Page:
There's also almost no exits or areas to get gas.



But nothing tops how incredibly long Wyoming was...and mostly boring...It also feels like you're driving in the sky as the cloud cover is literally right over your head as you're about 5k to 7k feet up.



Some mountains but I have never in my life seen such a lonely and empty state.

Utah was surprisingly nice.

Idaho was boring until you get to Boise but Boise was interesting as well. It was actually quite an up and coming town. Northern Idaho along I-90 is also pretty scenic.

Eastern Washington and Eastern Oregon are like a desert.



Western (after the cascade mountains) looks pretty much as forested and hilly as it does here with the exception of the trees being much different there.. Alot of scenic areas too:







I should note that I-70 itself does not go all the way to California. The only east / west interstates that go to California are I-8, I-10, I-40 and I-80..and I-40 ends before it gets anywhere remotely interesting. I-70 ends in Utah between Salt Lake City and Las Vegas on I-15. The better route from anywhere in California except SoCal is I-40, and from SoCal the best route is either I-8 or I-10.

As for the Northern States, its mostly the midwest that is flat and empty with a few exceptions. Illinois is flat but has trees, and also Chicago will make you feel like you're not even in Illinois anymore...Or I should say, the rest of Illinois will make you feel like you're not in the same state as Chicago. Minneapolis / St.Paul is also quite large and surprising and if I could call it anything...It would literally call it the DFW of the North. Indiana can be a bit boring, but its not empty, it has trees but its flat and Indianapolis can kind of make you feel like you entered a miniature sized Atlanta.. kind of, but they're still apples and oranges.... I-465 reminds me alot of I-285..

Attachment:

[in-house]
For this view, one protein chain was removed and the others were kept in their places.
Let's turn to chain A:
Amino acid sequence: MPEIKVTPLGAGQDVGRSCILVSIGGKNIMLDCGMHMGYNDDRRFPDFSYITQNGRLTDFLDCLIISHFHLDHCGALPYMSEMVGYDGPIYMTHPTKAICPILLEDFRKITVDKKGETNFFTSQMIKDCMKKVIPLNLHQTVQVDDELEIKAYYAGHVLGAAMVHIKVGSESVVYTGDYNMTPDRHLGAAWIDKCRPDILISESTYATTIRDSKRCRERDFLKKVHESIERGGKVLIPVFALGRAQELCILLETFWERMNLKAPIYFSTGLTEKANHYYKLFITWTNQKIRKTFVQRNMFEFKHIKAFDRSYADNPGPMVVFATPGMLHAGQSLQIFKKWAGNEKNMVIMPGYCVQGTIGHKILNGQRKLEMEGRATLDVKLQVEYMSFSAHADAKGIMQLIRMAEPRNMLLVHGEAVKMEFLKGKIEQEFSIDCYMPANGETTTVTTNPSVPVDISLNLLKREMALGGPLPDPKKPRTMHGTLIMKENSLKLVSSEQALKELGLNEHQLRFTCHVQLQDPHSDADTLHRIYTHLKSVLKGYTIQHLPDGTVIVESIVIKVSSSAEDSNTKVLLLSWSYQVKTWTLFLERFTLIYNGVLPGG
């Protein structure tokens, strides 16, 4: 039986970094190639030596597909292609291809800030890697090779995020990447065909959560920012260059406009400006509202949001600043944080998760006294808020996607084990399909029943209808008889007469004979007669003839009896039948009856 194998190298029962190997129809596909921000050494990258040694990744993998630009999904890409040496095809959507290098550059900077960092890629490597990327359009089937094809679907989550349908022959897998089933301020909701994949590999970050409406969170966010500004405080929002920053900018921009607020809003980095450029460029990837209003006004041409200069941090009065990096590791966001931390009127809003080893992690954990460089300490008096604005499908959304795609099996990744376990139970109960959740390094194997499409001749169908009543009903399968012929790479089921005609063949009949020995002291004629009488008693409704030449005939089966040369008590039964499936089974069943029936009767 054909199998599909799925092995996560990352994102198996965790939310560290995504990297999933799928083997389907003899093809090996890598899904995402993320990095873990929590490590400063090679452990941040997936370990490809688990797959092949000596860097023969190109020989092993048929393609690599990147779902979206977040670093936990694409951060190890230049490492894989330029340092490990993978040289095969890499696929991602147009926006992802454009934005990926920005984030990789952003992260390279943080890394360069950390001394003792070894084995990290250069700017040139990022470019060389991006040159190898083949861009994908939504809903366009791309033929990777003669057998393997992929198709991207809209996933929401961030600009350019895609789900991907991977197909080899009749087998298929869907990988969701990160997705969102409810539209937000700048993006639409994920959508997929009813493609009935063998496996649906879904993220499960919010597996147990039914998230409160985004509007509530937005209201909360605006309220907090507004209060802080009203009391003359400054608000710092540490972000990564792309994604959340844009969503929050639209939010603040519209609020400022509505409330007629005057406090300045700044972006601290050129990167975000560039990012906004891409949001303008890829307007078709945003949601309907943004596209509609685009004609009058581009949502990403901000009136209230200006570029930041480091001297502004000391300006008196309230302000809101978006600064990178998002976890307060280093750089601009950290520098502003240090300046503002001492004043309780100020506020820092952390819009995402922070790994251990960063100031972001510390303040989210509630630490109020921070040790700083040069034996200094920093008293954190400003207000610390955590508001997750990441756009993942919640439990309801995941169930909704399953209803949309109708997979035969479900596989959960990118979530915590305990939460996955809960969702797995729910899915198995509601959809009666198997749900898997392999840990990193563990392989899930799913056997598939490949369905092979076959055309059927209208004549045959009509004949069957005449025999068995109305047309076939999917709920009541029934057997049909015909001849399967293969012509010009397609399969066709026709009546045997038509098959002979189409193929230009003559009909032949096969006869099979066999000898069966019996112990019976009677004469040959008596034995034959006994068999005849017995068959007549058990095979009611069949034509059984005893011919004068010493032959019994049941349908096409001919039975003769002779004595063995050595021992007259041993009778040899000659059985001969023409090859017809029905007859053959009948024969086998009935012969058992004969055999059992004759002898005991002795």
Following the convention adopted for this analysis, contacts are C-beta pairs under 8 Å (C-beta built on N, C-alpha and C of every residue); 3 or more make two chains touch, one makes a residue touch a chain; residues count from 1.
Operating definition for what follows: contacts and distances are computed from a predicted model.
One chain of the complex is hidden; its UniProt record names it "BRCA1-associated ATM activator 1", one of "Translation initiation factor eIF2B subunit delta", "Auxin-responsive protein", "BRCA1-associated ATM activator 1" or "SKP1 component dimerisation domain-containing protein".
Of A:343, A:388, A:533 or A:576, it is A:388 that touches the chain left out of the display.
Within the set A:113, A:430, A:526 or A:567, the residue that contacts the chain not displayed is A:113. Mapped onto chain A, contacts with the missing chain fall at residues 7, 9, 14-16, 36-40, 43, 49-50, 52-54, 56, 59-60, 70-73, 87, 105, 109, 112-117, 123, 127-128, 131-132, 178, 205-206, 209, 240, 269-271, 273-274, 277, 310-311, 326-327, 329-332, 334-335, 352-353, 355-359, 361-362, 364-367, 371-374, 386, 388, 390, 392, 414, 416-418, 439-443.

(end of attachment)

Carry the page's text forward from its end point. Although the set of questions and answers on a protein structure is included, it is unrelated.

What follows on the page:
N.Dakota and S.Dakota are basically a colder Kansas.

Colorado is fairly nice - especially Denver:





Michigan and Wisconsin are flat but have trees.

Anything east of Indiana is fairly forested and east of Ohio gets hilly like it is here, and then quite mountainous through the Appalachians. Pennsylvania is beautiful. So is New York (state)

Last edited by Need4Camaro; 04-17-2018 at 01:55 PM..